Kathryn A. Smith stepped down as Chair of the Department of Art History at the end of August 2013 and is enjoying her sabbatical and research leaves, and especially the opportunities for travel that the current academic year has brought. In October-November 2013 she spent ten days in London, Oxford, and Cambridge examining illuminated manuscripts pertinent to one of her current projects, a study of the early fourteenth-century English Queen Mary Psalter. She took a day off from the libraries to visit parish churches near Oxford that contain medieval wall paintings and stained glass. Professor Smith will return to London in May 2014 to continue her research for this project. In November 2013 she traveled to Oslo, Norway, serving as an examiner of an art history doctoral dissertation at the University of Oslo, and in March 2014 she spent three days in Reykjavik, Iceland, where she participated in a workshop on “The Self in Social Spaces in Medieval Scandinavian Literature and Art.” The two trips afforded opportunities to see these cities’ superb, yet relatively unknown or understudied collections of medieval art. Professor Smith looks forward to incorporating some of this Scandinavian and Nordic material into her “Art of the Early Middle Ages” course the next time she teaches it. A volume that Professor Smith co-edited with Joyce Coleman (English and Comparative Literature, University of Oklahoma) and Mark Cruse (French, Arizona State University), The Social Life of Illumination: Manuscripts, Images, and Communities in the Late Middle Ages, was published in late 2013 by Brepols in their Medieval Texts and Cultures of Northern Europe series. In addition to the co-authored “Introduction,” Professor Smith contributed an article titled “A Viewing Community in Fourteenth-Century England.” She also published “Medieval Women Are ‘Good to Think’ With,” a review article on Therese Martin’s edited collection, Reassessing the Roles of Women as “Makers” of Medieval Art and Architecture, that appeared in The Journal of Art Historiography, no. 9. Among Professor Smith’s other projects in-progress are the entry on the Taymouth Hours, the subject of her 2012 book, for The Encyclopedia of Medieval British Literature (Wiley-Blackwell); an analysis of the marginal scribal drawings in an early fourteenth-century manuscript of Denis Piramus’s Vie Seint Edmund le Rey, to appear in a critical edition of this Anglo-Norman text edited by Delbert Russell (University of Waterloo, Canada); an essay on late medieval English narrative alabaster altarpieces of John the Baptist, to be published in Alabaster Sculpture in Medieval England: A Reassessment (Western Michigan University); and a collaborative essay that looks at inventories and household interiors in late medieval England from historical, literary, and art historical perspectives, co-authored with Kit French (History, University of Michigan) and Sarah Stanbury (English, College of the Holy Cross). Professor Smith served the second of three years on the Haskins Medal Committee of the Medieval Academy of America.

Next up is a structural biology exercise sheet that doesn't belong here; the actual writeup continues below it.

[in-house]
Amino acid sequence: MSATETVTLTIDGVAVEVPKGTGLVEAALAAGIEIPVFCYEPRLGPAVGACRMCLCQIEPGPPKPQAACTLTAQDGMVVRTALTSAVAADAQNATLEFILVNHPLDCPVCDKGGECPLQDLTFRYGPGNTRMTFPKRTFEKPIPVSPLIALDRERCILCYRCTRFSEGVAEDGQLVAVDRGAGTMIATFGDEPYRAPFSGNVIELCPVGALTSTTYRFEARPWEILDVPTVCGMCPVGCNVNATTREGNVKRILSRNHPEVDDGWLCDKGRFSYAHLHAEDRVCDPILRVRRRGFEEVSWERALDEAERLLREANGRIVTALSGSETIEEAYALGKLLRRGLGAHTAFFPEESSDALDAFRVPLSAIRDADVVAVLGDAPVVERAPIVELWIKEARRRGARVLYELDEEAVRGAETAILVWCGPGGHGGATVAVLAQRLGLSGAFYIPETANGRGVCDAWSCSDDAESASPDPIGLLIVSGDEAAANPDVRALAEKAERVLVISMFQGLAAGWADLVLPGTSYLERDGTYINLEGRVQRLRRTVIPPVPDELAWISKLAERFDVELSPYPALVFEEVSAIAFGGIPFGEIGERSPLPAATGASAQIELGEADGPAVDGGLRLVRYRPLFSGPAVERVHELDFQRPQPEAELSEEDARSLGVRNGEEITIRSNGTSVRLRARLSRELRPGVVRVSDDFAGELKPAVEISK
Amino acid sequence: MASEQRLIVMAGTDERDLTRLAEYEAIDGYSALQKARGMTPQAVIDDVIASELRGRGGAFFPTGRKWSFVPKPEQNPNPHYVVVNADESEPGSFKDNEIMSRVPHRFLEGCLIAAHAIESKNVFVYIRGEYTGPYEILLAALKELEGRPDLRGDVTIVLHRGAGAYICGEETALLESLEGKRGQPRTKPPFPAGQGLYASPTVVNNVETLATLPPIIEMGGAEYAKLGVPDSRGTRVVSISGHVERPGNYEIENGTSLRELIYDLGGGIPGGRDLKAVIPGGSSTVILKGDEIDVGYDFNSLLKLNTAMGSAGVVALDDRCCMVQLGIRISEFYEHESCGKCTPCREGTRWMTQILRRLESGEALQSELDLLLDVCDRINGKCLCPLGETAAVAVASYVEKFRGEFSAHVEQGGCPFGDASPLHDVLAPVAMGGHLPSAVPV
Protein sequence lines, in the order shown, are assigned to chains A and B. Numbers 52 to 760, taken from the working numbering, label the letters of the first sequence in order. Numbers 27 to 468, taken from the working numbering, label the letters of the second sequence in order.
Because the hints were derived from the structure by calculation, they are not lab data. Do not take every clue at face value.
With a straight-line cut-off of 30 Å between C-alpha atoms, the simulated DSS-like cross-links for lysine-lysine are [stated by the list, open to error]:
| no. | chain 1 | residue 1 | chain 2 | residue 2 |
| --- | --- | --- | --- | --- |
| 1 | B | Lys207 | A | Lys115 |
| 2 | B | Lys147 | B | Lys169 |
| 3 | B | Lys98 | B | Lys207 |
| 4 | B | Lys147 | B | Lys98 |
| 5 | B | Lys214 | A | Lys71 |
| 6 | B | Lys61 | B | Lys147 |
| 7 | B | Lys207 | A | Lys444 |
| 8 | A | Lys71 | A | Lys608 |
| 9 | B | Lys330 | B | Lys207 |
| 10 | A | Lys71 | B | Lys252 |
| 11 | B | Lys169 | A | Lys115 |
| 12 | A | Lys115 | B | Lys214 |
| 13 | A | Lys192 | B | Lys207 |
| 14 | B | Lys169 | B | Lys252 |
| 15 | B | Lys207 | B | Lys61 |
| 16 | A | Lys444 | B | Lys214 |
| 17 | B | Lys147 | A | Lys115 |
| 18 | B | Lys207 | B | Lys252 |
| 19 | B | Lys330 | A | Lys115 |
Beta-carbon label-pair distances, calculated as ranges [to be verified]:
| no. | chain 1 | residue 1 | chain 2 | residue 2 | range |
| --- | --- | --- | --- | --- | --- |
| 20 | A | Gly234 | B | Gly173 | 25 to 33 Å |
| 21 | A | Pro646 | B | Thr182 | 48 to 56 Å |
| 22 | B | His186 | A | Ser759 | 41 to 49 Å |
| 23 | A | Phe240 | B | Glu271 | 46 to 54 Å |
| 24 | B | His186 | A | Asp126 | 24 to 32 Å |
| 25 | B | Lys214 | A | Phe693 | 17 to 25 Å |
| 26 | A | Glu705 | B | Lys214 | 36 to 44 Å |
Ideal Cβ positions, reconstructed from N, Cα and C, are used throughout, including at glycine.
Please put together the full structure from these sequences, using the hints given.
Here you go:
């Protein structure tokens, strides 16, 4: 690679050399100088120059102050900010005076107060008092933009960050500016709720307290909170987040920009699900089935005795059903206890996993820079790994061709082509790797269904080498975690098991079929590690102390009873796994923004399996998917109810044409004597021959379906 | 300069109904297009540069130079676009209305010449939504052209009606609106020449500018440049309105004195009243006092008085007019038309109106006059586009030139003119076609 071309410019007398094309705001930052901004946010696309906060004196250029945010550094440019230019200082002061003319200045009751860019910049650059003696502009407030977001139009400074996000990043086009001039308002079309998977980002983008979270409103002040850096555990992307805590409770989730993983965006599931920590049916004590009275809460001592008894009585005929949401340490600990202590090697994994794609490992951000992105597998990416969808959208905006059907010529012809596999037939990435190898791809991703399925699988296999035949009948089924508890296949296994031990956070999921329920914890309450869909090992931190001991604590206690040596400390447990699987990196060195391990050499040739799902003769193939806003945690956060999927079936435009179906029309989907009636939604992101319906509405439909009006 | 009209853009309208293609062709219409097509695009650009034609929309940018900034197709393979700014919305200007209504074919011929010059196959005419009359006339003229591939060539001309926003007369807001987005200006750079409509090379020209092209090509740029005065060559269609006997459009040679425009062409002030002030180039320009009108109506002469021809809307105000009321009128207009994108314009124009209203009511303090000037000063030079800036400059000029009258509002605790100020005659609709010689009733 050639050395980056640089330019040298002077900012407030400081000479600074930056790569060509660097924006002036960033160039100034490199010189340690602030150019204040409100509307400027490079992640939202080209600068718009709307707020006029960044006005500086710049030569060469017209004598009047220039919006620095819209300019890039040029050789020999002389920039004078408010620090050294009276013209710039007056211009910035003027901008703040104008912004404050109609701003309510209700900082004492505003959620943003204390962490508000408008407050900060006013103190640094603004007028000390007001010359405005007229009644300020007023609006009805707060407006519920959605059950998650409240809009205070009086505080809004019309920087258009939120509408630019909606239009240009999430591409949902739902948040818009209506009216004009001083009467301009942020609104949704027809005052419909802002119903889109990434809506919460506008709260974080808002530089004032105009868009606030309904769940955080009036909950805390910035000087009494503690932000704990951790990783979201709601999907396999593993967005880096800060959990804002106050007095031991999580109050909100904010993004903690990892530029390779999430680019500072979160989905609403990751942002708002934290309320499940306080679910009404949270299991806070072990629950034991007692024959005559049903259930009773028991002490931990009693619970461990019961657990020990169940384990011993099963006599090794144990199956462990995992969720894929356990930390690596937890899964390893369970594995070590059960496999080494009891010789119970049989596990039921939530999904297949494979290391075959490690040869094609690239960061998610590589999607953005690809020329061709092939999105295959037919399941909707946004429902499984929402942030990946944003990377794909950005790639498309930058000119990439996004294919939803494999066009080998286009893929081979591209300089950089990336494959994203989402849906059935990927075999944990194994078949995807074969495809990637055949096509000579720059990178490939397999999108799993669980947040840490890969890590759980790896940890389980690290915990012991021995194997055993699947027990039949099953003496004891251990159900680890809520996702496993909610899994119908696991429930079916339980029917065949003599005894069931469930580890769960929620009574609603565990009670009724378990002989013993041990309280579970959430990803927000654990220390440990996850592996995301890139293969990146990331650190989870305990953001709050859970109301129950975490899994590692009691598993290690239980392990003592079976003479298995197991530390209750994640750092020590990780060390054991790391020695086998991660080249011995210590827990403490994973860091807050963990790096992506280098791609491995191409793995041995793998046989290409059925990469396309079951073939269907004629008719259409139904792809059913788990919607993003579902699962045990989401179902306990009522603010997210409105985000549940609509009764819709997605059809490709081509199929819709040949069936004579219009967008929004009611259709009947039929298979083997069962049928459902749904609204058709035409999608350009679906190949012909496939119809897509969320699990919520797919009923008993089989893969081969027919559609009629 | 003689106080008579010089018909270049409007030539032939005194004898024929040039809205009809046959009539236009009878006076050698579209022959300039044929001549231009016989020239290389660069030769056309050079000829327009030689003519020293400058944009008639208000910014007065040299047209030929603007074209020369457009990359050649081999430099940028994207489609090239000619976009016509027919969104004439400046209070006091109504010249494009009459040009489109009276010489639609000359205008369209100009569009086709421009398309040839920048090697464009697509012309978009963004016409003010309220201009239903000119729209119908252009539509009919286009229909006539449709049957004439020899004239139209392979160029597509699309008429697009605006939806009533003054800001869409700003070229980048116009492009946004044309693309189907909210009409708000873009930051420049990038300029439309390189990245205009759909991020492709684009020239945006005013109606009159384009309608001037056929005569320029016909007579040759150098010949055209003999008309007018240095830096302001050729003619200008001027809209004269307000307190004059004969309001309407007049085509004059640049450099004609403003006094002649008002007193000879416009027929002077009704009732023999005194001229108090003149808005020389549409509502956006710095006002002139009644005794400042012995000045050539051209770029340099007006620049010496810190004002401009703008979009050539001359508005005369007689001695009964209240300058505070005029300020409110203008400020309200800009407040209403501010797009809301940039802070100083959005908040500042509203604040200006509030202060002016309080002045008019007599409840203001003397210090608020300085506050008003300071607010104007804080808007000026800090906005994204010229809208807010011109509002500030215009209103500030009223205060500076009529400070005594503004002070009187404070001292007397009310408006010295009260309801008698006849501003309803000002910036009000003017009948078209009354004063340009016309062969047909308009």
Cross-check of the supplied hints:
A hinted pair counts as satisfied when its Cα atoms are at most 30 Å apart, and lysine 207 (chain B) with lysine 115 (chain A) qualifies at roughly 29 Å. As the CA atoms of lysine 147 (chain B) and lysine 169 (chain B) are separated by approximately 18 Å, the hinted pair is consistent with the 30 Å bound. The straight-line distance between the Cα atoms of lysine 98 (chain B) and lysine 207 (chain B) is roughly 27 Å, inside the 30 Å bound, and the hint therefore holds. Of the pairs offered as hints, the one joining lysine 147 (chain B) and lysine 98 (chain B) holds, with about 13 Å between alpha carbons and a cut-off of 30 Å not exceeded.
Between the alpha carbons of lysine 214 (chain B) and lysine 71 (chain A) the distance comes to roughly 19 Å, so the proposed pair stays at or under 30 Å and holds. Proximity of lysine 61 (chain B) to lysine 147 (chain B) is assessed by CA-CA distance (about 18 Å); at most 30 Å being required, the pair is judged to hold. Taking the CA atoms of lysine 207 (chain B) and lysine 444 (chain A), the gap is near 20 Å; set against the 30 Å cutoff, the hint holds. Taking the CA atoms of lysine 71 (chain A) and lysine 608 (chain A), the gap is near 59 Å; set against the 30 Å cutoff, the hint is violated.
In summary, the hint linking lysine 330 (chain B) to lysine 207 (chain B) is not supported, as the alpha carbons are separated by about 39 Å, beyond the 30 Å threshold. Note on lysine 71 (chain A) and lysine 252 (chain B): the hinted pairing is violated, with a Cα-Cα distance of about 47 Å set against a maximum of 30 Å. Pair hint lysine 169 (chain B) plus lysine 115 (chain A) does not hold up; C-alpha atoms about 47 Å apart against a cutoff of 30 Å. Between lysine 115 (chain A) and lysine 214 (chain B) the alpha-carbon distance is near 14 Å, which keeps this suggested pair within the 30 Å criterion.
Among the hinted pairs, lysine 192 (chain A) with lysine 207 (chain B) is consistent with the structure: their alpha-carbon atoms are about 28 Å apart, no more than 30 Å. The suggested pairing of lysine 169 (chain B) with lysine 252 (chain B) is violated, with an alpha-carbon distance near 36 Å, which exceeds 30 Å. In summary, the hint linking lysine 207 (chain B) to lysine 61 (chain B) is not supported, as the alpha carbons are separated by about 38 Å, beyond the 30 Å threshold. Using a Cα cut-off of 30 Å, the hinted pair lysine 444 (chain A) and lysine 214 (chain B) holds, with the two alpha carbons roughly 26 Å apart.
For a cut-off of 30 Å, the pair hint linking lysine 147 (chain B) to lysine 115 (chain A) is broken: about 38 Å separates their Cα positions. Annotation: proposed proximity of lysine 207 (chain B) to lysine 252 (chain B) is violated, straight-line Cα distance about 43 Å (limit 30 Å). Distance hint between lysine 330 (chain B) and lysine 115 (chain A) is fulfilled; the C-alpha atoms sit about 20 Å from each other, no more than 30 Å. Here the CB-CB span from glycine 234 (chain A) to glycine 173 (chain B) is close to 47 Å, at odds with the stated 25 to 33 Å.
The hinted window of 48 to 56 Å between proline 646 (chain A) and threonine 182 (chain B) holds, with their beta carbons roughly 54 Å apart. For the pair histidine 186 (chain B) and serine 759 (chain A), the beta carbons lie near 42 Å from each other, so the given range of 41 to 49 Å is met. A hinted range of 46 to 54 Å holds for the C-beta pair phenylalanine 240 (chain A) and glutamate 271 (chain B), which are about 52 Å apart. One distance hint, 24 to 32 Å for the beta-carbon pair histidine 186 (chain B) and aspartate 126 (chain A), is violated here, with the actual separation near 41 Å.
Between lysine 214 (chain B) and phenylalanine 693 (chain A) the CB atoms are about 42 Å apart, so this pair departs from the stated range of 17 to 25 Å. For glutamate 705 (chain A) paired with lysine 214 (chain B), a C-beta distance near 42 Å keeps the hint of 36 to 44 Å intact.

Edward Sullivan writes, “During the academic year 2013-14 I have had the privilege of being Acting Chair of the Department of Art History. Much of my time during summer 2013 to spring 2014 was spent doing the final revisions of my book From San Juan to Paris and Back: Francisco Oller and Caribbean Art in the Era of Impressionism. This book will be published in September 2014 by Yale University Press. Caribbean art of the nineteenth century, by artists from the region as well as Europeans and Americans, will also be the subject of an exhibition that I will co-curate at the Brooklyn Museum (and tour) in spring 2015. I wrote an essay about collecting Latin American art in the U.S. for the exhibition catalogue Order, Chaos and the Space Between. Contemporary Latin American Art from the Diane and Bruce Halle Collection (Phoenix Art Museum, summer 2013).